Five University of Virginia undergraduate students and their astronomy department mentors were in exactly the right places at exactly the right times recently when they aimed specially designed telescopes at precisely the right place in the sky – and captured the very faint shadow of a ball of ice and rock as it passed in front of a distant star.
They traveled to specific locations in remote areas of South Africa and Argentina to watch the star wink out as the shadow of Kuiper Belt Object 2014 MU69 passed by. The observations proved the precise location of the object, which is important to NASA because it is the target of a Jan. 1, 2019 flyby of the New Horizons spacecraft, the craft that famously flew past Pluto in the summer of 2015.
The UVA team used observational instruments designed by astronomy department chair Michael Skrutskie and UVA instrument designers Matt Nelson and John Wilson. And UVA astronomer Anne Verbiscer, who played a key role a few years ago in helping NASA identify Kuiper Belt Object 2014 MU 69 as a point of interest at the edge of our solar system, managed teams of observers from several institutions in South Africa and Argentina.
“It’s adventure astronomy.”
- Paul Hughes
astronomy and aerospace engineering major
Undergraduates Eli Golub, Paul Hughes, Dave Josephs, Joy Skipper and Goldwater Scholar Bridget Andersen participated in the overseas observations. Hughes, a rising fourth-year astronomy and aerospace engineering major, offers his insights.
Q. Most people have never heard of Kuiper Belt Object 2014 MU 69. Why is it important?
A. The Kuiper Belt – a vast, debris-strewn region beyond Pluto made up of ice and rocks and possibly fragments of planets – offers insights to how our solar system formed and evolved. NASA is interested in this particular object because we have no idea if it has an atmosphere, is a double object, has some sort of dust structure, or how big it is. With a number of occultation teams, one can find a cross section of the object, and figure out the structure of its atmosphere when the starlight is directly behind the object. Since we know so little about the object, where the shadow fell was not very certain, and for this reason, catching it required a ton of telescopes across large areas of land.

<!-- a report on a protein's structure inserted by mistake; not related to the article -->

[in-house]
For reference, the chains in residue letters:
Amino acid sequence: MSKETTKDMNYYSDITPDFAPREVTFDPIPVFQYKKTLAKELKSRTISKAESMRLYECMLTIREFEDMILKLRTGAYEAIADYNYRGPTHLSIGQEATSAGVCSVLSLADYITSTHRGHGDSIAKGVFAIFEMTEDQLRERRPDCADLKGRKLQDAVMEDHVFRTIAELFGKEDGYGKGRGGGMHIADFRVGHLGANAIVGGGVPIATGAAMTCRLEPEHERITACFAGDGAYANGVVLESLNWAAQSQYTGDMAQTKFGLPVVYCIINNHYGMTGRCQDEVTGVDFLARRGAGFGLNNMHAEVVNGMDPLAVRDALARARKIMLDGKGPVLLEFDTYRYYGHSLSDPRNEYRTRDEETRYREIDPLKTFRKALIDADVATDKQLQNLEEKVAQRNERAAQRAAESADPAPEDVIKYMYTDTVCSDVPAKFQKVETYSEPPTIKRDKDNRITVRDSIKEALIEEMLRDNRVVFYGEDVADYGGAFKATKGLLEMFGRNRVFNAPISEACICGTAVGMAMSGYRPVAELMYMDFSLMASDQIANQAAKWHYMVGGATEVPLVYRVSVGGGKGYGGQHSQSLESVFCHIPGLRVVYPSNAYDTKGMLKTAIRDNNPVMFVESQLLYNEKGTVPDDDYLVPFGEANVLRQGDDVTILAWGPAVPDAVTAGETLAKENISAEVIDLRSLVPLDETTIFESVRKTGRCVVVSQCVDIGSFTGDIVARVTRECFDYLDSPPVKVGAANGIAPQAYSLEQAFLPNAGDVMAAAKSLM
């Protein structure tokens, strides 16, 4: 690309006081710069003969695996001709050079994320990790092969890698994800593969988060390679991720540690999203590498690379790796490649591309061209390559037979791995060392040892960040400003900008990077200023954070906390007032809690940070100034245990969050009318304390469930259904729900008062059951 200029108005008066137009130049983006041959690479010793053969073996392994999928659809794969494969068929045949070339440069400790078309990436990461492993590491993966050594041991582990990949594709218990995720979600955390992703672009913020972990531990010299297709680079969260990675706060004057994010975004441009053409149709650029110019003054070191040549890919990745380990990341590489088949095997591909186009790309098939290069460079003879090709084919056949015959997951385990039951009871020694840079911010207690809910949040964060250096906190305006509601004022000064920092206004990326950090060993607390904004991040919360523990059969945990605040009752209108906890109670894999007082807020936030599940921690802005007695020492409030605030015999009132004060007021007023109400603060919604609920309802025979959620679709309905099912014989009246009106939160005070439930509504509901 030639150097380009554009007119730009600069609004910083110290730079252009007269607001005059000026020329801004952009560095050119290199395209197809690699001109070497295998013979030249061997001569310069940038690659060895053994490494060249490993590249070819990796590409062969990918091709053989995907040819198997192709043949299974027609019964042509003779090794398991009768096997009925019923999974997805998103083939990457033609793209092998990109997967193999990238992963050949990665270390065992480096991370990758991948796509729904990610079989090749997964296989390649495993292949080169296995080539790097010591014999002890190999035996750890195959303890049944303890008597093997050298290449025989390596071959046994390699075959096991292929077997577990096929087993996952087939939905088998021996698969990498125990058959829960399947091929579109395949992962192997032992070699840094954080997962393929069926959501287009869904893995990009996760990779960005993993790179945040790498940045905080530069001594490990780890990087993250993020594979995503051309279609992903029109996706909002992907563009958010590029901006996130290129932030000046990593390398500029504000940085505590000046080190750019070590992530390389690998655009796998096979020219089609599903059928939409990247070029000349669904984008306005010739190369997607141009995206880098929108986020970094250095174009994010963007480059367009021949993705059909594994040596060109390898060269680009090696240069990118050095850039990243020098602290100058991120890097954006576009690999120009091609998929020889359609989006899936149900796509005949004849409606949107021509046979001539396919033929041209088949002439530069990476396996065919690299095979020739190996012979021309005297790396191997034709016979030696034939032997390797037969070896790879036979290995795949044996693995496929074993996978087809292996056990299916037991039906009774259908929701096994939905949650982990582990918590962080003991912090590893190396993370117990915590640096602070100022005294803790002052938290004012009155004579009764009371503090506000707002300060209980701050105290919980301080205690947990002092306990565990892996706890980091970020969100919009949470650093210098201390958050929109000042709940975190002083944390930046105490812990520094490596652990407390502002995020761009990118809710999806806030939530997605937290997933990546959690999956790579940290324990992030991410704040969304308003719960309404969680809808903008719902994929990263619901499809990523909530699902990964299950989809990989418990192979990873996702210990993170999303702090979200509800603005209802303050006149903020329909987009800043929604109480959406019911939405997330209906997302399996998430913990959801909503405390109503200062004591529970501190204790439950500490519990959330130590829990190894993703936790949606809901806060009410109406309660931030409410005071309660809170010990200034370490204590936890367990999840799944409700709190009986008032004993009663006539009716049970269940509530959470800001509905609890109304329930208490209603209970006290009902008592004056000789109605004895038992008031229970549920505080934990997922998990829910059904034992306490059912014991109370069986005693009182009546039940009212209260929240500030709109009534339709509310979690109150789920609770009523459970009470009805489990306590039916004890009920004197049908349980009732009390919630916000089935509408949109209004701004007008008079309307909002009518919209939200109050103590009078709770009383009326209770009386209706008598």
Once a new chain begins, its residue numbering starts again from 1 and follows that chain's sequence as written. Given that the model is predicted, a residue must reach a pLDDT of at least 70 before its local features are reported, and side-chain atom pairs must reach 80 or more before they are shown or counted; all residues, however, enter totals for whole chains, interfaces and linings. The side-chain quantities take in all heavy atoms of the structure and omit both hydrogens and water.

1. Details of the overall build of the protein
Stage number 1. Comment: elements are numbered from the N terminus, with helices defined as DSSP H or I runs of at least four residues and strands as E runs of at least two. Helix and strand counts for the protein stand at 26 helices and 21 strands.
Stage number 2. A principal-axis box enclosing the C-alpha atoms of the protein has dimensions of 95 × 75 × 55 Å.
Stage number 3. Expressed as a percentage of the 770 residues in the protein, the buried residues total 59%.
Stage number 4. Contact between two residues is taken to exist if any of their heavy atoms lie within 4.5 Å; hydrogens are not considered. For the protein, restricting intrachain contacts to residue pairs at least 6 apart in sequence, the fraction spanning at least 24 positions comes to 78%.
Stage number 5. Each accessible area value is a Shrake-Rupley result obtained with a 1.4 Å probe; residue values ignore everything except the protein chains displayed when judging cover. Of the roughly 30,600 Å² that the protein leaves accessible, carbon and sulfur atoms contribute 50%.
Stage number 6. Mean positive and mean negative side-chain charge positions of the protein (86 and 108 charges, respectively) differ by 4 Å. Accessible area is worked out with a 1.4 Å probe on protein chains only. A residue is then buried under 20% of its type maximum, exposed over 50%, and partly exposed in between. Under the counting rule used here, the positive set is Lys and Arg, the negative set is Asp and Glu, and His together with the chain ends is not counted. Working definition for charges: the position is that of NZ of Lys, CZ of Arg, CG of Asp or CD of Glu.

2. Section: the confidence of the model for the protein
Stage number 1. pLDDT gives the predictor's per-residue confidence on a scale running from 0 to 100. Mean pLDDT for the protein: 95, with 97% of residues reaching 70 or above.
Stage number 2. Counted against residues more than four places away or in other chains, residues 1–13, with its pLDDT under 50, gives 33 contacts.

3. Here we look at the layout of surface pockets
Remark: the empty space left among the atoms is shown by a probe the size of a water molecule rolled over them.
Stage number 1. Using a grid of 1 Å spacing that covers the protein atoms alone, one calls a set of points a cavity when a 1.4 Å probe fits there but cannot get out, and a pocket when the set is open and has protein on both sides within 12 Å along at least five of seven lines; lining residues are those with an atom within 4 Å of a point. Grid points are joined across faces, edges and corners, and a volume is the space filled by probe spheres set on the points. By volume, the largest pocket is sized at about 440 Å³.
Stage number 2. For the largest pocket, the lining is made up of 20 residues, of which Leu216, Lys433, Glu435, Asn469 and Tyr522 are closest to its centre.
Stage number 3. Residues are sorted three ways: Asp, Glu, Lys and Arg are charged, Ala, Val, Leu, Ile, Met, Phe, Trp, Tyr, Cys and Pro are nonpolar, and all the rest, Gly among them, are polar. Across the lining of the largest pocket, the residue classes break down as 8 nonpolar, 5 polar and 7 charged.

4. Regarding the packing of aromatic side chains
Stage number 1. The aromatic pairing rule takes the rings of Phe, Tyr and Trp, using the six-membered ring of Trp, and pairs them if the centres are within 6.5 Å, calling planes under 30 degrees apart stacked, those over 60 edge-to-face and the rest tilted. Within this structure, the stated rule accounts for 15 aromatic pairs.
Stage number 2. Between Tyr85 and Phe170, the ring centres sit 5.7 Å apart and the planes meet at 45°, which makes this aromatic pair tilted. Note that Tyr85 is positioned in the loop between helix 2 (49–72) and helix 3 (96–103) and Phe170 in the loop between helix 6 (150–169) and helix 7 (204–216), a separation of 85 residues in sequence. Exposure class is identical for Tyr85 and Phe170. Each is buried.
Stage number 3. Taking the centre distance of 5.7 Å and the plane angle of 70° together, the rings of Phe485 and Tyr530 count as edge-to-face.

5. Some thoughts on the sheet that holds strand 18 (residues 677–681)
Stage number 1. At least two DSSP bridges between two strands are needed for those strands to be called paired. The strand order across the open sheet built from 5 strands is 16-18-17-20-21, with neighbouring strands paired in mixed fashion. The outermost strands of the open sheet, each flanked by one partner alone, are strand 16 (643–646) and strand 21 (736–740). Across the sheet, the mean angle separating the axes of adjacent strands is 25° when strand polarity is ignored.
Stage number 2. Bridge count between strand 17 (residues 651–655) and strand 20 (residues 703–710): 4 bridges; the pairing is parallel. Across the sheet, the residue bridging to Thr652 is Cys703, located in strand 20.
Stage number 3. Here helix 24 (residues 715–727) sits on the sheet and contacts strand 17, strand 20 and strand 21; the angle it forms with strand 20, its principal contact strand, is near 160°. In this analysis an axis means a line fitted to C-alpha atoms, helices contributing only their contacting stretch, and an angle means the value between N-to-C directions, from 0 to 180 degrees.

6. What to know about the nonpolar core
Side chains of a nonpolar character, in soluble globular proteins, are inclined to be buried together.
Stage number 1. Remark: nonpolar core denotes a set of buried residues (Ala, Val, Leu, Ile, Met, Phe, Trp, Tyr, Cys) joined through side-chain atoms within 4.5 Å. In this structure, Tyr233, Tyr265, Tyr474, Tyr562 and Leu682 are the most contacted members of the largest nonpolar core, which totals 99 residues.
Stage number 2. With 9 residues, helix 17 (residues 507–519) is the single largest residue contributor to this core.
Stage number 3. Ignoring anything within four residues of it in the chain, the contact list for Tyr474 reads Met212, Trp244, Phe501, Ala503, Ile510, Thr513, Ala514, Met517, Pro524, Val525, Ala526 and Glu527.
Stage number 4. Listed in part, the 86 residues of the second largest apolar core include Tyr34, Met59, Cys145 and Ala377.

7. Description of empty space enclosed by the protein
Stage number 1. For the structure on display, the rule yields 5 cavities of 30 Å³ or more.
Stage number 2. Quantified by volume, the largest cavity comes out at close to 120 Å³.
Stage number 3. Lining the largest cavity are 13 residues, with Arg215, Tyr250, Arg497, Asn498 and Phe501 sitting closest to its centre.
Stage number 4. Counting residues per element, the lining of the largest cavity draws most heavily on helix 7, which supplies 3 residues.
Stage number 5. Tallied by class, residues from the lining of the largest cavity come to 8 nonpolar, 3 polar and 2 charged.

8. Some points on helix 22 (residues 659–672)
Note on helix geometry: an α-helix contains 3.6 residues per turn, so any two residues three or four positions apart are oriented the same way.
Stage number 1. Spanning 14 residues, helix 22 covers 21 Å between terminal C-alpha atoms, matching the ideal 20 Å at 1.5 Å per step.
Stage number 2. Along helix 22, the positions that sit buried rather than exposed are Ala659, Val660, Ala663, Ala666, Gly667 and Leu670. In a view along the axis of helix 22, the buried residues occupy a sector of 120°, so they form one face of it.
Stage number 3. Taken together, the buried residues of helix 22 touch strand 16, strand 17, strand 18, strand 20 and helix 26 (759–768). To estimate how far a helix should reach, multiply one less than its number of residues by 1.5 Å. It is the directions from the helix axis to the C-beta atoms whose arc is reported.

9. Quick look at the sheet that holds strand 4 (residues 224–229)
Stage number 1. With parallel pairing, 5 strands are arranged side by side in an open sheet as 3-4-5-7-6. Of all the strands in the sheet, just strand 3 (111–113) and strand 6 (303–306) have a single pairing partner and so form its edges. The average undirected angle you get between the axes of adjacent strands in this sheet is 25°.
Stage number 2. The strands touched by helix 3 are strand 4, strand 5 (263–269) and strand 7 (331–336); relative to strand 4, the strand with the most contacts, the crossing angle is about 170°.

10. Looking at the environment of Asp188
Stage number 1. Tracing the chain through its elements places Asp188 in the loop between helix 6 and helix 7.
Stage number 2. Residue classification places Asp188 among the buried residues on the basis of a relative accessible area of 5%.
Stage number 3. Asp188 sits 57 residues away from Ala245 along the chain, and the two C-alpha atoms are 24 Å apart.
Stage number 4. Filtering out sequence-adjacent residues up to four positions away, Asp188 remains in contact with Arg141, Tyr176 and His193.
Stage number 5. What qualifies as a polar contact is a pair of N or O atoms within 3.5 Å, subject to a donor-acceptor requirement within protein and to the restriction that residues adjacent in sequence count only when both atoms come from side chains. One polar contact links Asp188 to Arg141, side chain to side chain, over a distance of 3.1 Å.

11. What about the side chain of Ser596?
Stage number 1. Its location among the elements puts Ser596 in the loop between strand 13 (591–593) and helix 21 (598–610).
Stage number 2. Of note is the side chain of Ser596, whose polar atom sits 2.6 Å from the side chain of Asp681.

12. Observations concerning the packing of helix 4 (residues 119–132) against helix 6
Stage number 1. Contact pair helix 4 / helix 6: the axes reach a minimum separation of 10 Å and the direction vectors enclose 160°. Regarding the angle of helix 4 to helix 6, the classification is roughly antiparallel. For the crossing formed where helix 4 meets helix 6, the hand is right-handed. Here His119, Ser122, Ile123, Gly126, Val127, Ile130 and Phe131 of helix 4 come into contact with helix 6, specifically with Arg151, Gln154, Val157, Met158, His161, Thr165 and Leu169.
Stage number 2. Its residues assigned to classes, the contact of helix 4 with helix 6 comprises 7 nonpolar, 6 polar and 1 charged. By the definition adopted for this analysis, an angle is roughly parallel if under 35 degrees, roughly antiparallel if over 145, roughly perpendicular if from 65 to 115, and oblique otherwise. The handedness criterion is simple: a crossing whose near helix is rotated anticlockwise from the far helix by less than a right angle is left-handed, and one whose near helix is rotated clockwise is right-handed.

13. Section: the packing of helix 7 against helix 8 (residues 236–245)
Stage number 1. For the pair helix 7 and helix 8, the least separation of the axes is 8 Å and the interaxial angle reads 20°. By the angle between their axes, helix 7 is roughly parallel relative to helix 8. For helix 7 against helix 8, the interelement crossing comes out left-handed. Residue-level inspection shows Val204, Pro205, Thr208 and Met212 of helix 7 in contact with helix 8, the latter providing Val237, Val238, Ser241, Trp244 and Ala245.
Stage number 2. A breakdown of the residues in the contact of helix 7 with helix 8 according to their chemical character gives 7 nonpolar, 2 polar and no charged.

Q. The phenomenon is called an occultation. What is that?
A. Occultations are where an object passes in front of a path of a star’s light and blocks out the light. Solar eclipses, for example, are a specific form of occultation. What’s cool about that is that it necessitates the ability of any occultation team to be mobile, as the shadows from these events can occur anywhere in the world, and to catch these types of events you want to be right on the center line of the path. It’s adventure astronomy.
Q. How did you get involved in this project?
A. It started when I was working with Mike Skrutskie on a different project and he asked if there would be any undergrad interest in occultation work. I contacted some undergraduate friends of mine and for a couple of months we met with Mike Skrutskie, Anne Verbiscer and Matt Nelson early every Friday morning. Another professor, John Wilson, as well as other astronomy undergraduates joined shortly before the events in South Africa in June, and Argentina in July. We did a lot of training in preparation, with some of the best instruments possible for this kind of work. We were well-prepared when the time came to make the observations.
Q. Did you have any personal adventures when you were in South Africa and later Argentina?
A. This trip is probably the most important event of my undergrad career. I had the opportunity to speak with a number of other professors at other schools in preparation for graduate school, and I learned a lot about the whole business of occultations, optics and the engineering involved in telescopes.
Besides that, it was awesome to be able to travel all across two countries, be a tourist along with a team of scientists, and get to know those professors on a much more personal level. I have a lot of love for Mike, Anne, Matt and John. Letting us be involved in a mission like this was a great privilege, and certainly made an impact on my life.
Q. Why did you choose astronomy as your major?
A. Space has always been an exciting place. Any child will corroborate. Astronomy’s a special science. The information we know about the universe and much of astronomy has to be found in incredibly clever ways because the scale is just so far off of our own. The timescales span billions of years, and the distances impossibly large. Something about that inspires awe, and besides, it’s an outlet for my own nerdy tendencies.
I started out studying aerospace engineering, but I found it to be entirely too practical on its own, and by adding astronomy I think I regained some of the mysticism.